“Fountain Square is a great cultural destination in Indianapolis,” said Paul Baumgarten, director of Fountain Square Main Street, SEND. “This project will surely attract many new visitors who will discover the vitality and opportunities within the district.” Fountain Square is one of Indianapolis’ six cultural districts that received funds from the Indianapolis Cultural Development Commission for enhancement projects that each district’s stakeholders identified in grant proposals. The other five cultural districts are Broad Ripple Village, The Canal & White River State Park, Indiana Avenue, Mass Ave and the Wholesale District. Indianapolis Downtown, Inc. and The Corsaro Group serve as program managers of the Cultural Districts program on behalf of the Cultural Development Commission. The Arts Council of Indianapolis managed the grant program and is the program manager for the Commission’s Public Art Program.
Wood Plaza Fountain
The Wood Fountain is an outdoor public architectural sitework on Indiana University-Purdue University’s campus. The campus is located in Indianapolis, Indiana. The Wood Fountain is commissioned by IUPUI (Indianapolis University – Purdue University) and completed in 1995. Singh Associates in New York City designed the sculpture, while Tom Fansler III manages the fountain. The purpose of this artwork, according to the Smock Fansler website, was to provide “better places to live,” and bring “spaces between buildings and the elements that tie them together…”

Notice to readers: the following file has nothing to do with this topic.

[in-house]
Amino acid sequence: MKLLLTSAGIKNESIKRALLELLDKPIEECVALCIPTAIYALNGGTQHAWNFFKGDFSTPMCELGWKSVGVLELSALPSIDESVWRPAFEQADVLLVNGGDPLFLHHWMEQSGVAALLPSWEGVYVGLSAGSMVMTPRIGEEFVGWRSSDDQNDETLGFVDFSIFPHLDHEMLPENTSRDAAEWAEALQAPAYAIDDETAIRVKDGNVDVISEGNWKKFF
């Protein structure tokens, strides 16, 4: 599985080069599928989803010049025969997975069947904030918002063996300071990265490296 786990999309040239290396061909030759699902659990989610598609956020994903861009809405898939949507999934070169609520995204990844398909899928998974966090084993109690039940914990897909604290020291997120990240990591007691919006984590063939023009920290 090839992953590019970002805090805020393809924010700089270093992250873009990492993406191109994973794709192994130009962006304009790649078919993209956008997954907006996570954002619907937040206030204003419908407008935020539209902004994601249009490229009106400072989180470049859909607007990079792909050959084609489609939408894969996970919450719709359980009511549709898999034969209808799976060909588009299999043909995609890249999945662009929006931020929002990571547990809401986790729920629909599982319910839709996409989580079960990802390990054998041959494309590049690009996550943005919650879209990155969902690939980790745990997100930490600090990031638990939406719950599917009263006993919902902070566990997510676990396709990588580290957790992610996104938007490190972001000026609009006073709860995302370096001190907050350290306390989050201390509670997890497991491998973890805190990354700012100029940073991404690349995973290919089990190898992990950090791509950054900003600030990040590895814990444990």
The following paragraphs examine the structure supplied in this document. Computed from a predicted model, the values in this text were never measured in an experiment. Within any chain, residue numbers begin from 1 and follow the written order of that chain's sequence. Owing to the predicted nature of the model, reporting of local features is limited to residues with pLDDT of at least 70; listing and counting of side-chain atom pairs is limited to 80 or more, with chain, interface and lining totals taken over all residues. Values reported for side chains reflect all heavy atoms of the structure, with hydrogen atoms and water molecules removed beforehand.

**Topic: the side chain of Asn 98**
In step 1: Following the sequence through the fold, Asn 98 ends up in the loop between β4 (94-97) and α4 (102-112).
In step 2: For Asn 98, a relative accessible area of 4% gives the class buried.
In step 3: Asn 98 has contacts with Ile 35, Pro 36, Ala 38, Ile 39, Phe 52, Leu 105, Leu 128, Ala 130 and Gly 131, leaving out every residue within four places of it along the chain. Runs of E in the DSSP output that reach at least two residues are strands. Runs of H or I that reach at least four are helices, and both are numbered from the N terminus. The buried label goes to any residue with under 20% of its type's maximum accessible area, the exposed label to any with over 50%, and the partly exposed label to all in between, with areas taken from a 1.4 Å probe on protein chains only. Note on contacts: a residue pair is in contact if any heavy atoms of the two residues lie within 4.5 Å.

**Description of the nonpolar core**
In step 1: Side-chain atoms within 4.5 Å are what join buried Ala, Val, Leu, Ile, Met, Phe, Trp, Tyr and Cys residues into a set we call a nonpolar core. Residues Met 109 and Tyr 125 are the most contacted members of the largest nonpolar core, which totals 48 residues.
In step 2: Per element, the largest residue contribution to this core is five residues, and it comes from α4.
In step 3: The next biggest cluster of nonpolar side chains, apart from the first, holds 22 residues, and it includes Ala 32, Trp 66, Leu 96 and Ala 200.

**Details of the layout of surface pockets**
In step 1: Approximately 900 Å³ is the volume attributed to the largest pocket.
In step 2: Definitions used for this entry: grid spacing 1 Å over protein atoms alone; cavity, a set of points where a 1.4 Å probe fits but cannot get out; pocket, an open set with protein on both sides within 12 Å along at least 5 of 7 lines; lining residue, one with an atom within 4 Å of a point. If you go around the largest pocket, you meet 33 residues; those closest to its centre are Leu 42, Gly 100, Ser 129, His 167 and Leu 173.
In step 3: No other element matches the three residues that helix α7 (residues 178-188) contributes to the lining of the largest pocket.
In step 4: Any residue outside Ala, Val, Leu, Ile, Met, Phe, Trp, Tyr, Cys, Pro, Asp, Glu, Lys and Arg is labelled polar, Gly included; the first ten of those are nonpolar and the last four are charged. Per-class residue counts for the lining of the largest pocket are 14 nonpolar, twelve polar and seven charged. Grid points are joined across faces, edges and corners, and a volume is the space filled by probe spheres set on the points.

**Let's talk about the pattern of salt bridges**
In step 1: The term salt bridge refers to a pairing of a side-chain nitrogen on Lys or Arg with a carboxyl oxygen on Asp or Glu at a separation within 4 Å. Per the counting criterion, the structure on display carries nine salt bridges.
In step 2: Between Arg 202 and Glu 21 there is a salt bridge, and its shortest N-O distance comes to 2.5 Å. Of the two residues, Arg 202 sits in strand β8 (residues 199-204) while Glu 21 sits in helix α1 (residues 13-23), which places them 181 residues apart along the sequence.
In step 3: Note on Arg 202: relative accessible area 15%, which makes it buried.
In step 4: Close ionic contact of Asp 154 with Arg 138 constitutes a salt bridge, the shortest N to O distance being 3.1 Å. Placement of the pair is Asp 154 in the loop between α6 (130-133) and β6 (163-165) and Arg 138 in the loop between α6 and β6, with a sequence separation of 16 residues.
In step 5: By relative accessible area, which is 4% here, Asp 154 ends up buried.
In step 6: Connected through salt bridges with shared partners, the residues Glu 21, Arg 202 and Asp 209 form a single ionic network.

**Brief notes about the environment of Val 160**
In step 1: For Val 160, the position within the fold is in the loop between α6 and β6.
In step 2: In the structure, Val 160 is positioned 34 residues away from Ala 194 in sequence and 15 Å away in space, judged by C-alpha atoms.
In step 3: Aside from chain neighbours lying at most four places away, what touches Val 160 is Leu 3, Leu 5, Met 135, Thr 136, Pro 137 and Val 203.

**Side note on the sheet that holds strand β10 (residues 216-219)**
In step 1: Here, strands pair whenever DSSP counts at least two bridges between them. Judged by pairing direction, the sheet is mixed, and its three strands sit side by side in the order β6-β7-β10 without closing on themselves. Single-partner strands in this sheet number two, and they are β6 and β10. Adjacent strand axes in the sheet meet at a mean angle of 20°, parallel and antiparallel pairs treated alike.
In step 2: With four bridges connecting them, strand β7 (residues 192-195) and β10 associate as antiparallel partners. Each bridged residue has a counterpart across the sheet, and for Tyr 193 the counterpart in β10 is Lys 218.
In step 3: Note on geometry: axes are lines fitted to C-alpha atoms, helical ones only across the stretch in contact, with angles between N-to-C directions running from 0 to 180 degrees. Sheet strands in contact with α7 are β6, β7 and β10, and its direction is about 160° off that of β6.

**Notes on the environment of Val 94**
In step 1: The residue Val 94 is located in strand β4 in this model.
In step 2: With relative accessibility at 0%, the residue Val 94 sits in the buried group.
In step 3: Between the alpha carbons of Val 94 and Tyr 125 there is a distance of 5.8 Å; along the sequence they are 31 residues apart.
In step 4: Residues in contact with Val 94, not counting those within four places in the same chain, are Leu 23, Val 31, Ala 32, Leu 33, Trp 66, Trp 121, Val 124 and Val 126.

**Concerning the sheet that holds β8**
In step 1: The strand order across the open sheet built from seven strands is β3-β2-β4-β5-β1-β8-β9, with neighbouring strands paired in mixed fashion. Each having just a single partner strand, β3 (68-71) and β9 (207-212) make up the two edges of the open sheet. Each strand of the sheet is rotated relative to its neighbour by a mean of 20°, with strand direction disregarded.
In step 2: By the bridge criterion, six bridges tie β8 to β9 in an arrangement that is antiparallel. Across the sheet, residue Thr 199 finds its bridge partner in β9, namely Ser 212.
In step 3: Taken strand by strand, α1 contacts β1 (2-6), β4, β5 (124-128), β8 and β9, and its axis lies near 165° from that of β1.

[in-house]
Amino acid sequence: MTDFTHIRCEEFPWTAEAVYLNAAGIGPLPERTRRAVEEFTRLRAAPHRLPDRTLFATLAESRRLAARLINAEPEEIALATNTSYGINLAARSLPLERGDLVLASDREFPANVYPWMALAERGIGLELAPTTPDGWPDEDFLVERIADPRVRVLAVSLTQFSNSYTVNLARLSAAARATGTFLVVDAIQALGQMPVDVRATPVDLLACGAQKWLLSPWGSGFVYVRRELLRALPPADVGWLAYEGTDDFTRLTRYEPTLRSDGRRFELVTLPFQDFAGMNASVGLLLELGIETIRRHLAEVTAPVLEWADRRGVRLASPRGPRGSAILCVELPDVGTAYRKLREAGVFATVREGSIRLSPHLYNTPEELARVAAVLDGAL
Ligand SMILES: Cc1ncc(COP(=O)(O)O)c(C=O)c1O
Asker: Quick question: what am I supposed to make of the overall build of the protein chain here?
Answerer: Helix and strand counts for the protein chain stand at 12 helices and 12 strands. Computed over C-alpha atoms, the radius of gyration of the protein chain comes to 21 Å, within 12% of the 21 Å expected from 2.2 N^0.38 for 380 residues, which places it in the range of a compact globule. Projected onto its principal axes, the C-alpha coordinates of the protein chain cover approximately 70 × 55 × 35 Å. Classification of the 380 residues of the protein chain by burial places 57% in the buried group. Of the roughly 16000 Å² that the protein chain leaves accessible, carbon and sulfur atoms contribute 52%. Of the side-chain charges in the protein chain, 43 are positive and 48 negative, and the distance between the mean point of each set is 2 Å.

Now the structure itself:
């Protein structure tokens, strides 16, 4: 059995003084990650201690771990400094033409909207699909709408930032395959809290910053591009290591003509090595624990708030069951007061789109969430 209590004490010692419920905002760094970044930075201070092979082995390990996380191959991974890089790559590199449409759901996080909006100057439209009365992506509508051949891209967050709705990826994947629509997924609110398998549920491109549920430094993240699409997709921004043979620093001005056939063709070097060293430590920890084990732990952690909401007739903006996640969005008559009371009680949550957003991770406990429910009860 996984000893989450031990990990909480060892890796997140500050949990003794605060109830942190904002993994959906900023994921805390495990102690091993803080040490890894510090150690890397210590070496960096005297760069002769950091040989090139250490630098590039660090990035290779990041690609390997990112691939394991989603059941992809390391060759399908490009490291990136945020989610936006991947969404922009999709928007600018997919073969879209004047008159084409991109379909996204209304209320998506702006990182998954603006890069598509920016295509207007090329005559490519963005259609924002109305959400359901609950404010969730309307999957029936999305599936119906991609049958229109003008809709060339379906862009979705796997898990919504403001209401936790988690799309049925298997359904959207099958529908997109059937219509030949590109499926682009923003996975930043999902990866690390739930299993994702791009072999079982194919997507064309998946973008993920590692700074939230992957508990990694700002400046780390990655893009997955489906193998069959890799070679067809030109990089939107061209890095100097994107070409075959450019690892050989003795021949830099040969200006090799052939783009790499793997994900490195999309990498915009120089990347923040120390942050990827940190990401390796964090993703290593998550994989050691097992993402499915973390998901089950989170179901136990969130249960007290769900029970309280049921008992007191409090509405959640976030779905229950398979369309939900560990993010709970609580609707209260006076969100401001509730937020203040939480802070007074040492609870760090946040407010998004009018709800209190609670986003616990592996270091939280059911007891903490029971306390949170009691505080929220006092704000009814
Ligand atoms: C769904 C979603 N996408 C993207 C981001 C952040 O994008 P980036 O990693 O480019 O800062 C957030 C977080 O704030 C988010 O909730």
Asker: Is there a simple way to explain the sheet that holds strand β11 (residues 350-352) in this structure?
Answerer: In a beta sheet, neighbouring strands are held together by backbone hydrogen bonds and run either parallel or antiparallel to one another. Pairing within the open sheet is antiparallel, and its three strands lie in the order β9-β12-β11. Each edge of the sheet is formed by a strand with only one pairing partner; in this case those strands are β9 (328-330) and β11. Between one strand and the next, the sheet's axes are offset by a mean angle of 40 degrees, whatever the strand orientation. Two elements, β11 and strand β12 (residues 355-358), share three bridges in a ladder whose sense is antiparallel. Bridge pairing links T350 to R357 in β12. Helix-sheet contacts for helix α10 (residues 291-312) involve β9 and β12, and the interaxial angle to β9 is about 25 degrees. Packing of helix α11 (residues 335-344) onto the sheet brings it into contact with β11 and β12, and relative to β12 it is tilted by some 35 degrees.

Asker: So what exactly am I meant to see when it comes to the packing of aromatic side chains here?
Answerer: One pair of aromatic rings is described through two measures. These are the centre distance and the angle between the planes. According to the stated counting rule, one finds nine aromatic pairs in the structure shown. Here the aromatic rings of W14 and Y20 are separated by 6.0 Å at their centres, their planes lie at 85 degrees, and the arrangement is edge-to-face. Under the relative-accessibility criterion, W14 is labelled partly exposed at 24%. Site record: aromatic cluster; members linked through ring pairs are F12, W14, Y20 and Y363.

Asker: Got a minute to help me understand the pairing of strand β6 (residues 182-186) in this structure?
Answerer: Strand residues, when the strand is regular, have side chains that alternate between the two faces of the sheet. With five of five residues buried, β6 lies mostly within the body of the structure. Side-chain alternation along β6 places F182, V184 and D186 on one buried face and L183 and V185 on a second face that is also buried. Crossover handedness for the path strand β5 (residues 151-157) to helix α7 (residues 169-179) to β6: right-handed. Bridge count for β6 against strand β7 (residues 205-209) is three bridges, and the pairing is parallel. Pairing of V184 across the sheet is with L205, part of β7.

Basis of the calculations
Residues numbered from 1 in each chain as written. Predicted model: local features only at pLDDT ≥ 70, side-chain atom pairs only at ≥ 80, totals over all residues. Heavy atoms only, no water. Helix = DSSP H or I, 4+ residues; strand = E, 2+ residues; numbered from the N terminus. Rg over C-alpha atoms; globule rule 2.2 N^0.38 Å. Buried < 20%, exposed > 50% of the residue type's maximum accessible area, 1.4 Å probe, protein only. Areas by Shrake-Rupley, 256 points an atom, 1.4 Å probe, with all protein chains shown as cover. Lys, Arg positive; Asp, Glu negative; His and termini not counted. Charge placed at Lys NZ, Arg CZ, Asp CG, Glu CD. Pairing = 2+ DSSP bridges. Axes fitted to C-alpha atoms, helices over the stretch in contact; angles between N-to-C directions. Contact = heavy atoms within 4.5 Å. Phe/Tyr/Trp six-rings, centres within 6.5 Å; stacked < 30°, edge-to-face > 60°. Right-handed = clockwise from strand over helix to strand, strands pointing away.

The sitework used stone to mimic a pyramid in the shape of a diamond. It sits on IUPUI’s campus along New York St with the pathways surrounding made out of brick. According to the IUPUI’s website, the artwork “is 100 feet long on each of its four sides.” There are four levels to the piece with nine slight indentations along each siding. In addition, there are triangles that have been sculpted in to the stone so that water will come down to the base. On the proper front, there is a bronze memorial plaque at the bottom. It reads:
THE WOOD PLAZA DEDICATED JUNE 26, 1995 THIS PLAZA WAS NAMED IN GRATEFUL RECOGNITION OF THE SUPPORT OF BILLIE LOU & RICHARD D. WOOD
The Wood Fountain is located at The Wood Plaza, which is a place on IUPUI’s campus where social events such as the Indy Jazzfest and Explore IUPUI are held. The Wood Plaza was named after an Eli Lilly chief executor, Robert D. Wood and his wife Billie Lou Wood. According to IUPUI’s Jaguar Spirit online source, “the Wood Plaza was designed on the same axis of University Library and intended to complement the library architecturally.” In a newsletter from IUPUI’s Chancellor in December 1996, an award was given from the “local chapter of the American Institute of Architects…with an Achievement award for their design, construction and enhancement of the physical and visual environments of Marion County.” The importance of this recognition gives insight into how valuable the Wood Plaza is, not only to the IUPUI Campus, but to the community.
Quoted from: http://en.wikipedia.org/wiki/Wood_Fountain_at_IUPUI